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Bilingual 3 year old - communication and behavioural issues - anxieties

(16 Posts)
Marionlam Fri 04-Jan-13 23:10:54

Hi mums...

Before I try and explain my worries, I must say that I accept that bilingualism is probably not the cause of our problems and that bilingual kids tend to talk later than monolingual kids. That said, my main concern is that by using my son's bilingualism as a constant excuse we may not be dealing with underlying issues on the communication front.

My eldest son is 37 months. He took a while to talk and he's a fair bit behind his peers in both French and English (majority language). He seems to be making slow yet steady progress though.

He has always been quite shy, but recently he has developed a lot of fears which I struggle to understand. He is scared of balloons, water, darkness (so far, nothing unusual), pass-the-parcel(!), closed doors, won't be left with a babysitter with the exception of nursery and Granny and gets up screaming at night for no apparent reason... Because he is not very articulate, it is rather difficult discussing these anxieties with him and he (and we!) gets frustrated when we try to insist. I swear he could win the prize of the kid who can stare at you in silence for the longest...!

We also seem to struggle to communicate and engage into conversations. He looses interest very quickly or doesn't respond at all, and in some cases I think he doesn't understand what we're saying to him. I'd say that the latter is more apparent in his minority language (French), but then that is the one I use with him so I'm bound to notice it more...

I keep telling myself that all the above is common at his age and we have generally been putting it down to the terrible 2s / 3s, but I just wondered if anyone else has experienced anything similar ( be it with monolingual or bilingual kids), and if anyone had experience of actual speech delay / communication therapy whilst keeping up the 2 languages. Also, does anyone know what speech therapy actually consists of? Is there any tips I could use...?

Thanks for your comments!

alexpolismum Sat 05-Jan-13 18:47:49

I can't help you with the other problems you mention in your post, but my younger son is now 3 and doesn't speak much and shows only limited understanding. He has a speech delay and other as yet undiagnosed SN. We are a bilingual Greek - English family, minority English. My other children started talking between 12 and 15 months.

We take him to a therapist twice a week. To be honest I am not sure what the English equivalent would be (we live in Greece, where it is known as "ergotherapy"), but I am sure you can find out. She encourages him to talk by sounding out simple vocab to do with things that are important to his life - drink, eat, mummy, daddy, play ball, play car. She sounds the words out gradually. For example, "mama" (mummy in Greek) - she starts by going "mmm" then pauses, then "mmmmaaaa" then "mmmmaaaammmm" then "mmmmaaaammmaaa" - you get the idea. She is very insistent and always says these things in a loud "teacher" voice, enunciates very very clearly. This has got him started and he now says "mama" and has attempted to say "ball".

She does a lot of repetition with him - eg "Ball. Look, ball. A ball for you. Take the ball. Play with the ball. We like balls. Ball. Ball. Ball."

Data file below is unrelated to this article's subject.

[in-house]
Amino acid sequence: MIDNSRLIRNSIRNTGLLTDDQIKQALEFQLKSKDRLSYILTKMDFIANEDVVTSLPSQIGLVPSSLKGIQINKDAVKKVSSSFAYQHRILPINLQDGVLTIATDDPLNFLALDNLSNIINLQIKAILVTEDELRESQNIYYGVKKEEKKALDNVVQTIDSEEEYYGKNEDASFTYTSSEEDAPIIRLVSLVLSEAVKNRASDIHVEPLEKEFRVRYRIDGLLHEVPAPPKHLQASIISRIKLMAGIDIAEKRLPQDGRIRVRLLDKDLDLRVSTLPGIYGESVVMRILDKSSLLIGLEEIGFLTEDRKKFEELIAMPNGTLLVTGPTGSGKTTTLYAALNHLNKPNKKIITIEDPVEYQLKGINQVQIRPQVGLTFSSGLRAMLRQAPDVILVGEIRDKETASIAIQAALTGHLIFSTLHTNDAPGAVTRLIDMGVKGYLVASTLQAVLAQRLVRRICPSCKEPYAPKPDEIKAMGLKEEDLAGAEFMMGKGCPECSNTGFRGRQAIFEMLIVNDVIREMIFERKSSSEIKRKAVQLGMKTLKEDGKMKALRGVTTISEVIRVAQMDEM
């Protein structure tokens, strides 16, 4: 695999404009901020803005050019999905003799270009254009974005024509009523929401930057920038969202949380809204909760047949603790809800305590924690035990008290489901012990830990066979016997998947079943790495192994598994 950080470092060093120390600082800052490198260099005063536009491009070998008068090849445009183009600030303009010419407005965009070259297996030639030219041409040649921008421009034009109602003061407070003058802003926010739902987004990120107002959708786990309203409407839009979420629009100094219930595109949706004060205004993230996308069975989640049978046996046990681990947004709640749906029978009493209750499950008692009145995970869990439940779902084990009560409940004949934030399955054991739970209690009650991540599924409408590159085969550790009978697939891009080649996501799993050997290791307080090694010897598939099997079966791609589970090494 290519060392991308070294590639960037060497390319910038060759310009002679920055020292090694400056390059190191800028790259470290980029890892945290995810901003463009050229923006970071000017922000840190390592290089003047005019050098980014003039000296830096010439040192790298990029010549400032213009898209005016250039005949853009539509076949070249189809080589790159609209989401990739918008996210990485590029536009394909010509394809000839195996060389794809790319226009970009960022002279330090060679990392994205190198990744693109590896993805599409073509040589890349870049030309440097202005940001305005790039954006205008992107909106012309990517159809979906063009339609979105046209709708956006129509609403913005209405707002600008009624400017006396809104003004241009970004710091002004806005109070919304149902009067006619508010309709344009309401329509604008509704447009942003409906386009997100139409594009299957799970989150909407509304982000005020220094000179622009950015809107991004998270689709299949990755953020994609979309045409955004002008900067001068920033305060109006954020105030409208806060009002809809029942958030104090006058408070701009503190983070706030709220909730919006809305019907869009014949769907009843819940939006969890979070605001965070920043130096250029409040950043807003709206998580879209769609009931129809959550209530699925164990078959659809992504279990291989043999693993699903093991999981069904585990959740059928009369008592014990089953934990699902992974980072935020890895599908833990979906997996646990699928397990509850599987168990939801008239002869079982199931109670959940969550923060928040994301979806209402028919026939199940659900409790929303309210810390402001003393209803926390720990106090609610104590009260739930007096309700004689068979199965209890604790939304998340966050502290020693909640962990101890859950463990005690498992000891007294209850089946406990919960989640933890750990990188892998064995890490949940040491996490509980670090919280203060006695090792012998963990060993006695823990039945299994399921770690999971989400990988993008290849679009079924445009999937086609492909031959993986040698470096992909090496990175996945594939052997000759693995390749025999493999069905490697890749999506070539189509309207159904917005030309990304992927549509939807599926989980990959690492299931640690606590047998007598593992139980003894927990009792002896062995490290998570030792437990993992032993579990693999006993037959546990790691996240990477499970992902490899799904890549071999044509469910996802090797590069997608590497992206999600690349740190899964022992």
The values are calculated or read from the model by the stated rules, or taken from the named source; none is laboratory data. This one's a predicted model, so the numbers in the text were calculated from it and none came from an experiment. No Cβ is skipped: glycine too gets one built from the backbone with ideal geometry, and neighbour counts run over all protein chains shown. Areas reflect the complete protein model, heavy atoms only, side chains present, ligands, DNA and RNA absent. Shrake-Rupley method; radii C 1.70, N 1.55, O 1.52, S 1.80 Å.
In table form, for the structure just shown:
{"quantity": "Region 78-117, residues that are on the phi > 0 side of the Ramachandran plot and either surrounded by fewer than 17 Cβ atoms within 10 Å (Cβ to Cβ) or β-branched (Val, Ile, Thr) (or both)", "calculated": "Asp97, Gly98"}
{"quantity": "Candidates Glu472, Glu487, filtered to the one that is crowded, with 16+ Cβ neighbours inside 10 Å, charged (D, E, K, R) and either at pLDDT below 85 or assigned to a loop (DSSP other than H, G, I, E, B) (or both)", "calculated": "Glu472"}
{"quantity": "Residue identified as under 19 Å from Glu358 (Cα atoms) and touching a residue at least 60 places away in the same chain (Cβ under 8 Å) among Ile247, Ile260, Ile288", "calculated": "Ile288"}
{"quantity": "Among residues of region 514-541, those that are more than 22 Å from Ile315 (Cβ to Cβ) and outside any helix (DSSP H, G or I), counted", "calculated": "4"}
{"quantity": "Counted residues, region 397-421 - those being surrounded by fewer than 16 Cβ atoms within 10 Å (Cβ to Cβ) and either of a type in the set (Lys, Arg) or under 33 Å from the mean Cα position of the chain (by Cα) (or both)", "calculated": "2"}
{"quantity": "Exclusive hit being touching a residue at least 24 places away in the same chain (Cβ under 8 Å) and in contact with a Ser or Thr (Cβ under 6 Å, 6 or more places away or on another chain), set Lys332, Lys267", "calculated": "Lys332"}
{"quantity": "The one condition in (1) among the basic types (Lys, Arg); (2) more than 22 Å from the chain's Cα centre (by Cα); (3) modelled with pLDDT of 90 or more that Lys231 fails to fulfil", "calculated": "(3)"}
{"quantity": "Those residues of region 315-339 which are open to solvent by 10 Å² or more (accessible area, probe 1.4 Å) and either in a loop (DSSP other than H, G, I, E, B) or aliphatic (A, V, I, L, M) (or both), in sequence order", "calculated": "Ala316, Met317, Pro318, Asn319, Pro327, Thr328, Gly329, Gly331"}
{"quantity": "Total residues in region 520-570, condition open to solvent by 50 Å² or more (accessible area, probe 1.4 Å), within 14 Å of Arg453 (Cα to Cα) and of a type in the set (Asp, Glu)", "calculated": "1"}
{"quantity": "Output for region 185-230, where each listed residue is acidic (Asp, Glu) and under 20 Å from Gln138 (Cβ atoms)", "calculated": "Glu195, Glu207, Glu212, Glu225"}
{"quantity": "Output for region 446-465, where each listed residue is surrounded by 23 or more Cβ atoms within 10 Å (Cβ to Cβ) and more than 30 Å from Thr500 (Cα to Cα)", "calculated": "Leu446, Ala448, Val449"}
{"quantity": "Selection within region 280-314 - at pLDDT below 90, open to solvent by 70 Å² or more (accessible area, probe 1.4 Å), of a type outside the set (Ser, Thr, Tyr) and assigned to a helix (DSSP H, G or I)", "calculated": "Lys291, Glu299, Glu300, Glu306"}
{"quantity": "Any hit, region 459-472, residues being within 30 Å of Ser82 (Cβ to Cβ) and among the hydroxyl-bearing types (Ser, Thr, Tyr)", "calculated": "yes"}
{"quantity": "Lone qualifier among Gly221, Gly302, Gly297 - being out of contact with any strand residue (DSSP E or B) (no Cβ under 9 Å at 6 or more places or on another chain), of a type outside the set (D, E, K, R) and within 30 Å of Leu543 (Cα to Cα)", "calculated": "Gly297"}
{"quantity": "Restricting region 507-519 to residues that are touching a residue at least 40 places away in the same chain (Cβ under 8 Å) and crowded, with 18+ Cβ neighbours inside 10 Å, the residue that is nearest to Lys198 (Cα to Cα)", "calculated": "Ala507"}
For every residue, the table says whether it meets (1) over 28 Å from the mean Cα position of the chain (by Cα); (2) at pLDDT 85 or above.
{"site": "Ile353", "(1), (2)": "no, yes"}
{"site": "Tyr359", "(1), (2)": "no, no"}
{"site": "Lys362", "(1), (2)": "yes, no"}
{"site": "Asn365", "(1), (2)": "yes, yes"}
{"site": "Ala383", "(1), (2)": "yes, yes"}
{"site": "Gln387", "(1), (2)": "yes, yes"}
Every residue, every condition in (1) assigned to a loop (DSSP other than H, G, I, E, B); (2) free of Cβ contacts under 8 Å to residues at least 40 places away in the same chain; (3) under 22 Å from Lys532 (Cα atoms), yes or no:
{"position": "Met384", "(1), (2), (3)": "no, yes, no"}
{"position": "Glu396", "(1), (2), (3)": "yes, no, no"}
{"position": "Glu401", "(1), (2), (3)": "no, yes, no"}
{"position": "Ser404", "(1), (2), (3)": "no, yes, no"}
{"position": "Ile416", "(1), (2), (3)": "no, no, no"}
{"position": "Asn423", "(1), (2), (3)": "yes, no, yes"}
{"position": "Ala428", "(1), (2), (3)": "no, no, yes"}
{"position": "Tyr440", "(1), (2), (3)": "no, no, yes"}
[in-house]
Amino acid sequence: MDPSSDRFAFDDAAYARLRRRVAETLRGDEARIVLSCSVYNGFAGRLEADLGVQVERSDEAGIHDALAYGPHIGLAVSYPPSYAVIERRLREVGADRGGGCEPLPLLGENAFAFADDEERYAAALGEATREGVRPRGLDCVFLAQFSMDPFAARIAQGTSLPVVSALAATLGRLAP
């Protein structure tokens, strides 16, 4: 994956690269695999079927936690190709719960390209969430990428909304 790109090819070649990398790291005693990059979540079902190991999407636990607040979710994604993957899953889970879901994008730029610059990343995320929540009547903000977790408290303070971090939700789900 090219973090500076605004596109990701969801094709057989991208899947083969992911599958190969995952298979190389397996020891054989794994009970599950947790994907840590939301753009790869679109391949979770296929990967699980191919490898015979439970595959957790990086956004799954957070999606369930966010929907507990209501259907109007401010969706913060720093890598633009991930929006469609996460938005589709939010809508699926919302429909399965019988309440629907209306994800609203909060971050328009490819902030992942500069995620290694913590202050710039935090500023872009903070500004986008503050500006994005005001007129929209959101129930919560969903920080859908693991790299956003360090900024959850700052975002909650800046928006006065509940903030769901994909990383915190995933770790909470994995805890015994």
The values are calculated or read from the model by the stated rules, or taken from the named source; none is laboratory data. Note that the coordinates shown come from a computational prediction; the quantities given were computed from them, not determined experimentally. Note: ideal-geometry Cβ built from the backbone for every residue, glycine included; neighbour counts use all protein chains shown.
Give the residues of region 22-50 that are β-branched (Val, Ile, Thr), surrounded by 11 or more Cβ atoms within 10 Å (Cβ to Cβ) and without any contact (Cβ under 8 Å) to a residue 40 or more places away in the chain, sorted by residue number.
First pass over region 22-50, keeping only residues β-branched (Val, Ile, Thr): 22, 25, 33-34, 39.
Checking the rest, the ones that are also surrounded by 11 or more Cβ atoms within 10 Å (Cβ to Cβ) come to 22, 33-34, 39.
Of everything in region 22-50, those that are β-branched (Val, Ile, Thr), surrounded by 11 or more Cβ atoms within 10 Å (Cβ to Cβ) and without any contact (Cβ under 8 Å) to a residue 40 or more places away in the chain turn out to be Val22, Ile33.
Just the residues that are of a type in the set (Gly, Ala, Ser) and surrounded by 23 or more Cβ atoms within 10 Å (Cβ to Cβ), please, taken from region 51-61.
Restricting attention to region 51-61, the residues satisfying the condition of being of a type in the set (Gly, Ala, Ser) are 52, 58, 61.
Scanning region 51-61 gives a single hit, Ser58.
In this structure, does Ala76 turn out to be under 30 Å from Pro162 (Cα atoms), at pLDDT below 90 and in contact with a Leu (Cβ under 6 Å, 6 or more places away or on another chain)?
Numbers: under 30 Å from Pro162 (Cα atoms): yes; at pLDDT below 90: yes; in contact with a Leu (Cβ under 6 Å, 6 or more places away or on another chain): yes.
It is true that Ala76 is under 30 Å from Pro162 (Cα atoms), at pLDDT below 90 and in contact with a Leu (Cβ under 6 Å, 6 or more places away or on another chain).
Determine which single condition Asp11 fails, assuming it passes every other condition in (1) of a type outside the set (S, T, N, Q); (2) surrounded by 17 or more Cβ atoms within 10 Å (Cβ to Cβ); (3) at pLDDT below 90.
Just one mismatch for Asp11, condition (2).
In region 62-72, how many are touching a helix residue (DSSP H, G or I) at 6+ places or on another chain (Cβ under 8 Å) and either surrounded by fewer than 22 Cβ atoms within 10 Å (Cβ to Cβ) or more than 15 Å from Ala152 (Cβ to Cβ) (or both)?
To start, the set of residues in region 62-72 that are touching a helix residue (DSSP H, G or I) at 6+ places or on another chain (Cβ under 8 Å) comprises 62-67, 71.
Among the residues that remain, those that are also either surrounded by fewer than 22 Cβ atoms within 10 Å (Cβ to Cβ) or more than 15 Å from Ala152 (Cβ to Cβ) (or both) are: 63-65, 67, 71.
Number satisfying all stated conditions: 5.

Of course, I don't know how specific this is to my son's SN; another approach may be more appropriate for your child! But it can't do any harm.

I have been advised that even with his SN, bilingualism can only be helpful for him, so keep at it!

noramum Sat 05-Jan-13 21:21:48

Have you ever had his ears checked? For me it doesn't sound like delay due to two languages to be honest.

Undetected hearing problems are a big issue when it comes to speech delay.

My friend's monolingual child was very delayed and only after constant nagging from her mum they agreed to do a proper hearing test and glue ears were the cause.

Marionlam Mon 07-Jan-13 17:33:07

We had his ears checked twice and I'm told he's fine... To me it doesn't seem like a hearing problem, I'd say more a general communication issue. A mix of shyness and frustration at the fact that he doesn't know how to express himself...

Thanks Alex, but most of the words he knows are understandable (at least to us!). It's more the fact that he can't seem to construct a sentence that makes sense, and certainly not anything out of context. As you say, maybe it's different in the uk, but maybe speech therapy isn't what we need...

The HV was as unhelpful as expected and told me to stop speaking French to him, apart from maybe a story at night! If I do that it'll be the end of it and it may not even help, so I'd rather explore all other avenues first, and perhaps give it a bit more time. They say boys tend to talk later anyway.

noramum Tue 08-Jan-13 08:21:41

Try to get a referral to a speech therapist specialised to work with bilingual children.

Your HV is crap.

Marionlam Wed 09-Jan-13 13:43:54

As you quite rightly pointed out, my HV isn't particularly useful or even interested, so is there another way to get referred?

Bonsoir Wed 09-Jan-13 13:47:18

My DD is bilingual English-French. French is the majority language but she has always been a bit further ahead in English than in French.

At your son's age she had been at école maternelle for a term and could understand and speak both languages. I would say that all her similarly bilingual peers were also fluent in both. I think you need to investigate your DS' language and behavioural traits with a professional. In London there are most definitely private speech therapists who can help children who are bilingual in French and English and I would urge you to see one out.